Who are the bands you included on the Opus Dei compilation? How lengthy is the complete track listing?
I really did not expect a response since I know why snail mail becomes synonymous with post mail. I was writing to bands I read in the fanzines and later the flyers I got from the responses. The track listing does not fit a ninety minute tape, and a 120 minute cassette is not good as it easily curls and snaps! The only plausible next plan was a second compilation, part 2. The bands who were supposed to be on the compilations were Necrotic Mutation (Can), Corpse Molestation (Aus), Disabled (Fra), Impetigo (USA), Gore Beyond Necropsy (Jpn), Severance (USA), Incantation (USA), Magus (USA), Absu (USA), Inferia (Fin), Vomiturition (Fin), Achrostichon (Neth), Ripped (USA), Nuclear Death (USA), Mortal God (Fin), Exulceration (Swi), Agathocles (Bel), Nefarious (USA), Excess of Cruelty (Bel), Sarcastic Terror (Gre), Witches (Fra), Divine Eve (USA), Burial (UK), Gothic (Neth) and Mortedues (Phils).
While you were visiting Japan did you make contact with any writers or musicians interested in corresponding with you?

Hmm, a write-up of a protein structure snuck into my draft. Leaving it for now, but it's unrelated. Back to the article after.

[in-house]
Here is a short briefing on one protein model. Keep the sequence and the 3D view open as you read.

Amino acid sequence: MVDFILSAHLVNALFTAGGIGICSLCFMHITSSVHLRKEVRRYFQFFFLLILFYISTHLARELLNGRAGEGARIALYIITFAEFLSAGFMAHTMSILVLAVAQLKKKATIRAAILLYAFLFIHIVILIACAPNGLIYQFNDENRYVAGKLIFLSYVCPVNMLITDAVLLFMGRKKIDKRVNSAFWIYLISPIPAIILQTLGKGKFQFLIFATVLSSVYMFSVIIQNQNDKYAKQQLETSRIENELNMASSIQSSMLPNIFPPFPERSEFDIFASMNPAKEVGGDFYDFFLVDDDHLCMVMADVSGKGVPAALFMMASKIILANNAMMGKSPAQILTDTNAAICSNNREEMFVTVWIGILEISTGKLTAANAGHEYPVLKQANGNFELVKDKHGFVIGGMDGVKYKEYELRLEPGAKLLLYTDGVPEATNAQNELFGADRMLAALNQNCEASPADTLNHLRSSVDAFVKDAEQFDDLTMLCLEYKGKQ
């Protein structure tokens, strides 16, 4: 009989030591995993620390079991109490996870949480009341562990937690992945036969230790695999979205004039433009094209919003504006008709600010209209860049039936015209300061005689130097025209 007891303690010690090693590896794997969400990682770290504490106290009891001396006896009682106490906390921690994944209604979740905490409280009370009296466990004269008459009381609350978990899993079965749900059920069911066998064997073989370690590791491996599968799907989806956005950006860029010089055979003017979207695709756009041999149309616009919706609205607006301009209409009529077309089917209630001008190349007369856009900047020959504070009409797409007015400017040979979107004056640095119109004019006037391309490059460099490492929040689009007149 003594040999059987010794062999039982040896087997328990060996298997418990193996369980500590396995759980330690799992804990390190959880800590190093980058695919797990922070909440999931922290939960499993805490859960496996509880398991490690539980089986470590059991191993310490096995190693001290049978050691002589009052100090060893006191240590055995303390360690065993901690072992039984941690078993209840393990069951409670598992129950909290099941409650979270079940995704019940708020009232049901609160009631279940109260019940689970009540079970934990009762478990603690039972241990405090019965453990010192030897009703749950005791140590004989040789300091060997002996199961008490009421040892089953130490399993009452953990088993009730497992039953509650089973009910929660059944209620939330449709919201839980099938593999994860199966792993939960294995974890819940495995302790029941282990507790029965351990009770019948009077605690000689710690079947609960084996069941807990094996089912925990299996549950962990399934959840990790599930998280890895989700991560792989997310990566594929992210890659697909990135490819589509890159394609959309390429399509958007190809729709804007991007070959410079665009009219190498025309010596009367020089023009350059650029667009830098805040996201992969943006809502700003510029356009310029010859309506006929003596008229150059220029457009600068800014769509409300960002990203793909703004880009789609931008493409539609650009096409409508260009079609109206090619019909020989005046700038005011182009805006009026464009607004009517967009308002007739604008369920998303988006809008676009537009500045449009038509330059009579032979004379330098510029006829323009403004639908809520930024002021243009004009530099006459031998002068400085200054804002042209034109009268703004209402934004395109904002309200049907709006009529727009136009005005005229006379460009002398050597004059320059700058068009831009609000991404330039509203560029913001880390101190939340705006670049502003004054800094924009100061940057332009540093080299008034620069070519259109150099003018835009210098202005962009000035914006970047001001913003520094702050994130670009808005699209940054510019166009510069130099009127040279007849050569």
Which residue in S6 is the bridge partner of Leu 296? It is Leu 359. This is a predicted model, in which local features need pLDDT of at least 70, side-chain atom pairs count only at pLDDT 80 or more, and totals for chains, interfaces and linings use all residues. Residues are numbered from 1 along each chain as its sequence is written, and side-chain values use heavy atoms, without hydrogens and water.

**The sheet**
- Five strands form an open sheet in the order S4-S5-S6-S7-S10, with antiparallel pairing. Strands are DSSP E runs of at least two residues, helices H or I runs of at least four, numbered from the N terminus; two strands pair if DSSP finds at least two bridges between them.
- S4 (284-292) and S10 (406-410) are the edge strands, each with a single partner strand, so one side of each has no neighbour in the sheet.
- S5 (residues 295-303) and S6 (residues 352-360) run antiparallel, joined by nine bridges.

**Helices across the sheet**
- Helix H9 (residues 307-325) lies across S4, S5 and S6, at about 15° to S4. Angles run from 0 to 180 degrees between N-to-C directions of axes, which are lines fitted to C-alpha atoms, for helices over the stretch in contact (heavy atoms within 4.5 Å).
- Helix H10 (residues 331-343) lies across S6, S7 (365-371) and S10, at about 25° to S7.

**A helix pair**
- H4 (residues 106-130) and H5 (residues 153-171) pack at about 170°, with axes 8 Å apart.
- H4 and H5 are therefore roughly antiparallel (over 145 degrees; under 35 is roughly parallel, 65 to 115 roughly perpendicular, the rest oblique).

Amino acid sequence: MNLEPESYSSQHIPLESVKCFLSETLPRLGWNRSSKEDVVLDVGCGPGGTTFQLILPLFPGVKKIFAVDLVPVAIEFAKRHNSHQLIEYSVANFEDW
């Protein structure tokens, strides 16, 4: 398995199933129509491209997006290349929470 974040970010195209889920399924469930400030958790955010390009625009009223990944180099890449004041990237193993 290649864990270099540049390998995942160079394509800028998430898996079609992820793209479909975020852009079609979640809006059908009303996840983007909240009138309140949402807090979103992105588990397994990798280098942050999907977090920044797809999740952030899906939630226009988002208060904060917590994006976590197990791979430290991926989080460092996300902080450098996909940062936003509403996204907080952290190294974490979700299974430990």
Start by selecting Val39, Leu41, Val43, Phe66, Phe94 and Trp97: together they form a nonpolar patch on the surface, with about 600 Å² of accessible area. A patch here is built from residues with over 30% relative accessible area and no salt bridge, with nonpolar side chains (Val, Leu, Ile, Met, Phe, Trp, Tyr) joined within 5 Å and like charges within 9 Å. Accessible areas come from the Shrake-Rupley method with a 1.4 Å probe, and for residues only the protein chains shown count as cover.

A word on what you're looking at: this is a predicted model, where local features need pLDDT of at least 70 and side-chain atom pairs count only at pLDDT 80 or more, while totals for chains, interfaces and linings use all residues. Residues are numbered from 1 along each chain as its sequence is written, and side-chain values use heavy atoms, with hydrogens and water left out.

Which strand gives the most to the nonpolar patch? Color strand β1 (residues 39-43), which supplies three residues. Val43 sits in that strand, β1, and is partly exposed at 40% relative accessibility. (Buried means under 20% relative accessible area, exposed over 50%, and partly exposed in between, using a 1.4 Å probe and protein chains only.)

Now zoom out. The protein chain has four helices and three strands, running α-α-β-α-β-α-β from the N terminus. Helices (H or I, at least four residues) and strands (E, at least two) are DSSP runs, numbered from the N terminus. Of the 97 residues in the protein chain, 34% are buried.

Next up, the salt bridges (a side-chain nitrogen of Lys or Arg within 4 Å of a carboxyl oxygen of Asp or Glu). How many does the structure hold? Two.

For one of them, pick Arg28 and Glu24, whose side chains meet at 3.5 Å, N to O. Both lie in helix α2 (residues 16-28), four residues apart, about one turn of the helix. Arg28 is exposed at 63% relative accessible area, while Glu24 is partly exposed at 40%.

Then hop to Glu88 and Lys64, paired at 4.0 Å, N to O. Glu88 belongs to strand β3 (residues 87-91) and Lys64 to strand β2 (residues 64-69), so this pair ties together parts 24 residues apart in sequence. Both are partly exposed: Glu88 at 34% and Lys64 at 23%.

I made contact with the bands I knew, but not writers as I did not know any hehe. On my first visit in 1997 I contacted by post mail the MCR label, and bands Gore Beyond Necropsy and DxIxEx, both featured in Underworld Zine. I used to call Akinob Ohtaki of GBN in his home as he gave his number in one of our letters. In my next visits I still call him up on weekends. Funny thing is I am a fan of Morbid Organ Mutilation which I discovered from Crossblood distro in the early 90s, and I never knew he is also the bassist of M.O.M., I only found out in one of our conversations haha! I did not get to meet him because Kanagawa is very far from Hiroshima and the ticket in the Shinkansen or Bullet train is not affordable to me. I get to know Makoto of Nyarlatothep/Weird Truth Productions, also featured in Underworld Zine. Now he also does Funeral Moth. In my last visit in Japan in year 2000 I got in contact with Warzy when he was with the band Narcotic Greed; he drove from Osaka to Hiroshima to meet me. It was a five hour drive and at that time there was bad weather! Satcho (my boss, the company owner) let me live in his old house, I had a whole traditional Japanese house to myself, so Warzy stayed there for the night! At that time I did the second part of my interview with him, plus drinking and he meeting my other Japanese friends. So Warzy is the first foreign band that I really met and I really appreciated him making time to travel to meet me!! I don’t mind traveling long distance to see bands as long as there’s time!